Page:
Wednesday 16 August 2023

The Peking Express by James M. Zimmerman

In 1923, the Blue Express, a luxury train also known as the Peking Express, departed from Shanghai, chugging northward to Peking. On the night of May 5th, near the town of Lincheng, a gang of Chinese bandits derailed the Peking Express and took the passengers hostage, leading to a standoff that captured the world’s attention.

The Peking Express: The Bandits Who Stole a Train, Stunned the West, and Broke the Republic of China by James M. Zimmerman thoroughly details this interesting event in a very readable, almost novel-like prose. The story was famous at the time, so much so that it loosely inspired the famous 1932 movie Shanghai Express, directed by Josef von Sternberg and starring Marlene Dietrich. Though, the movie is far more fiction than fact. However, this appears to be the first full-length book devoted to the Peking Express, or the Lincheng Incident in English. At least, the first in modern memory.

If there is a main character, then it’s the Sun Meiyao, the bandit chief who engineered the attack. At this time, China was divided into factions of feuding warlords, and many former warlord soldiers had been recently discharged, due to inability to pay or defeat in battle. These soldiers often turned to banditry and wound up following Sun, a prominent brigand in the northern Shandong (Shantung) province.

The luxury Blue Express train made an appealing target, carrying many upper-class Chinese, along with various foreigners, mostly Americans. These included Lucy Aldrich, daughter of a US Senator and sister-in-law to John D. Rockefeller, along with Guiseppe Musso, a prominent Italian living in Shanghai’s French Concession. Even two US Army officers were among the hostages, elevating the prominence of the so-called Lincheng Outrage.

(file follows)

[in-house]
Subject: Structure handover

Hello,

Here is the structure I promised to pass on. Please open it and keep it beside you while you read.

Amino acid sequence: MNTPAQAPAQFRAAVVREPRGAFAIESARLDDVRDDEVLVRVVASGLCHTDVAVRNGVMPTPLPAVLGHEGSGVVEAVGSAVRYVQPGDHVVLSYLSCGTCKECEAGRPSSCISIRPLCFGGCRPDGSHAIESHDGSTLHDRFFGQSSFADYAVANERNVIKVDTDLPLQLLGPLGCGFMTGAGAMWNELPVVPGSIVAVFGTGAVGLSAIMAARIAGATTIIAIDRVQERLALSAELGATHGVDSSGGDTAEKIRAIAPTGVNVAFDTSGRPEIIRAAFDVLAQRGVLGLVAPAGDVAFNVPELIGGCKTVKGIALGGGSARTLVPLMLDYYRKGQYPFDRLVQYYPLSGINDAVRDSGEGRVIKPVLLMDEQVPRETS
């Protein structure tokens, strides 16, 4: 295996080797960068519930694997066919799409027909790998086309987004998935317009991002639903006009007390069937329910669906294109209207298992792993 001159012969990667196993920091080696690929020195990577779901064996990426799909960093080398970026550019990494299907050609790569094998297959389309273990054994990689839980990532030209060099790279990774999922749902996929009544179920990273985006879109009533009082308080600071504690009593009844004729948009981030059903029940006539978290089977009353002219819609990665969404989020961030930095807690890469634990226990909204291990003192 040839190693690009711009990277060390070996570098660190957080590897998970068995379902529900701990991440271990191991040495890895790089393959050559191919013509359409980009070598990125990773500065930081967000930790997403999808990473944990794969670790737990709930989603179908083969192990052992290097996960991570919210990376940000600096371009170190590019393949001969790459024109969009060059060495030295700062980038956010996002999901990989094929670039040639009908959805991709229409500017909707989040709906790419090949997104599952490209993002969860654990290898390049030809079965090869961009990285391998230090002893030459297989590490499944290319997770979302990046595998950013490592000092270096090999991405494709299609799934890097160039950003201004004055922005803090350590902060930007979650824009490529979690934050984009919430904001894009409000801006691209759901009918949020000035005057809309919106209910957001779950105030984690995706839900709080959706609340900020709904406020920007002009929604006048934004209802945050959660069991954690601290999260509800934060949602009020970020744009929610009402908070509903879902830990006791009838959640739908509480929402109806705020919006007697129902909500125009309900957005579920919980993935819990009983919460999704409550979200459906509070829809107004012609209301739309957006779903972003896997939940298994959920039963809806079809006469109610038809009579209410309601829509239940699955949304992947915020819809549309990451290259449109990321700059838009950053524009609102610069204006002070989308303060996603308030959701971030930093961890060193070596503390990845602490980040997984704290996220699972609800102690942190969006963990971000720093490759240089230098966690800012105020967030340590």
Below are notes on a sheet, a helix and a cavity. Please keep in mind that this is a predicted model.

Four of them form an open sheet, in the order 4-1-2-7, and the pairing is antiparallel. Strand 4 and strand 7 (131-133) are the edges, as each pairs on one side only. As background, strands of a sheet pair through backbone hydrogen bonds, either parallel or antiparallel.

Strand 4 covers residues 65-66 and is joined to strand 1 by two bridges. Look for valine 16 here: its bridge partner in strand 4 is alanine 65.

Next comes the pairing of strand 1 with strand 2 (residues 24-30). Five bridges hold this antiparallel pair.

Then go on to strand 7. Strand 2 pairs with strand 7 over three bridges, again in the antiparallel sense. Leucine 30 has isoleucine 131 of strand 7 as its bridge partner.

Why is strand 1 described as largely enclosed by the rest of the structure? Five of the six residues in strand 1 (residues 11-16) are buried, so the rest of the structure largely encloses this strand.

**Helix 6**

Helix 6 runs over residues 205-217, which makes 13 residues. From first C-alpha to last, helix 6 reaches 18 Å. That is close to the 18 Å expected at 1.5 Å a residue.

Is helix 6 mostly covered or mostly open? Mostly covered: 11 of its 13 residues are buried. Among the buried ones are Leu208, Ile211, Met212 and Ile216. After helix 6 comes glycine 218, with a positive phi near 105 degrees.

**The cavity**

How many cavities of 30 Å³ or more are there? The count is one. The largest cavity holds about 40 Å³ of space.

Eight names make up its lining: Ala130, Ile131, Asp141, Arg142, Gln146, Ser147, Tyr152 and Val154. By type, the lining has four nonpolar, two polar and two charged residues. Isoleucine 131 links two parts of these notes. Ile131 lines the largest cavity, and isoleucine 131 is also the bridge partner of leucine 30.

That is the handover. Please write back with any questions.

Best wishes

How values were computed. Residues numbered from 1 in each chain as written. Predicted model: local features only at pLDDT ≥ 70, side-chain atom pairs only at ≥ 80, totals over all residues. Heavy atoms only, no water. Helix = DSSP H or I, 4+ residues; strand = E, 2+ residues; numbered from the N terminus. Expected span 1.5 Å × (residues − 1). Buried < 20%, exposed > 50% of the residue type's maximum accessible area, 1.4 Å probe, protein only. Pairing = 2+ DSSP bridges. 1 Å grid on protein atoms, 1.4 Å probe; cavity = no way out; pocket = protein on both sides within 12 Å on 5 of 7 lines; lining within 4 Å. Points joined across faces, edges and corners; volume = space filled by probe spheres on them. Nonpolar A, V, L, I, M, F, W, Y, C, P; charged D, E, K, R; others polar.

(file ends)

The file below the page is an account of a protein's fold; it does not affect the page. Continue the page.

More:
The prisoners were marched from the derailed train and into the Shandong mountains to the bandits’ hideout. Although the women were released soon after, the incident caused a major embarrassment for the government in Peking. Although China was divided at the time, there still existed a central government in the historic capital, a major prize for the feuding warlord factions.

Government troops surrounded the bandit stronghold and a series of tense negotiations followed. Sun wanted a pardon for his men, reentrance back into the army, and guarantees of impunity for himself. This dragged on for weeks, while the hostages pondered their fate.

Zimmerman includes many first-hand accounts, mostly from the hostages, since the bandits didn’t leave many written memoirs behind. They describe Sun and his men as somewhat good-natured, though, all-too willing to kill prisoners if need be, Indeed, a British passenger, Joseph Rothman, had been killed during the initial derailment for refusing to give up his valuables.

An interesting conspiracy the book highlights is that the Japanese passengers had abandoned the Blue Express prior to arriving at Lincheng. Zimmerman wonders if these Japanese had been warned in advance, possibly by the Japanese military, who may have had a hand in planning the attack. Though, hard evidence of this is lacking.

The Peking Express is a great historical and summer read, perfect for those looking for narrative nonfiction that shines a light on a fascinating episode in Chinese history.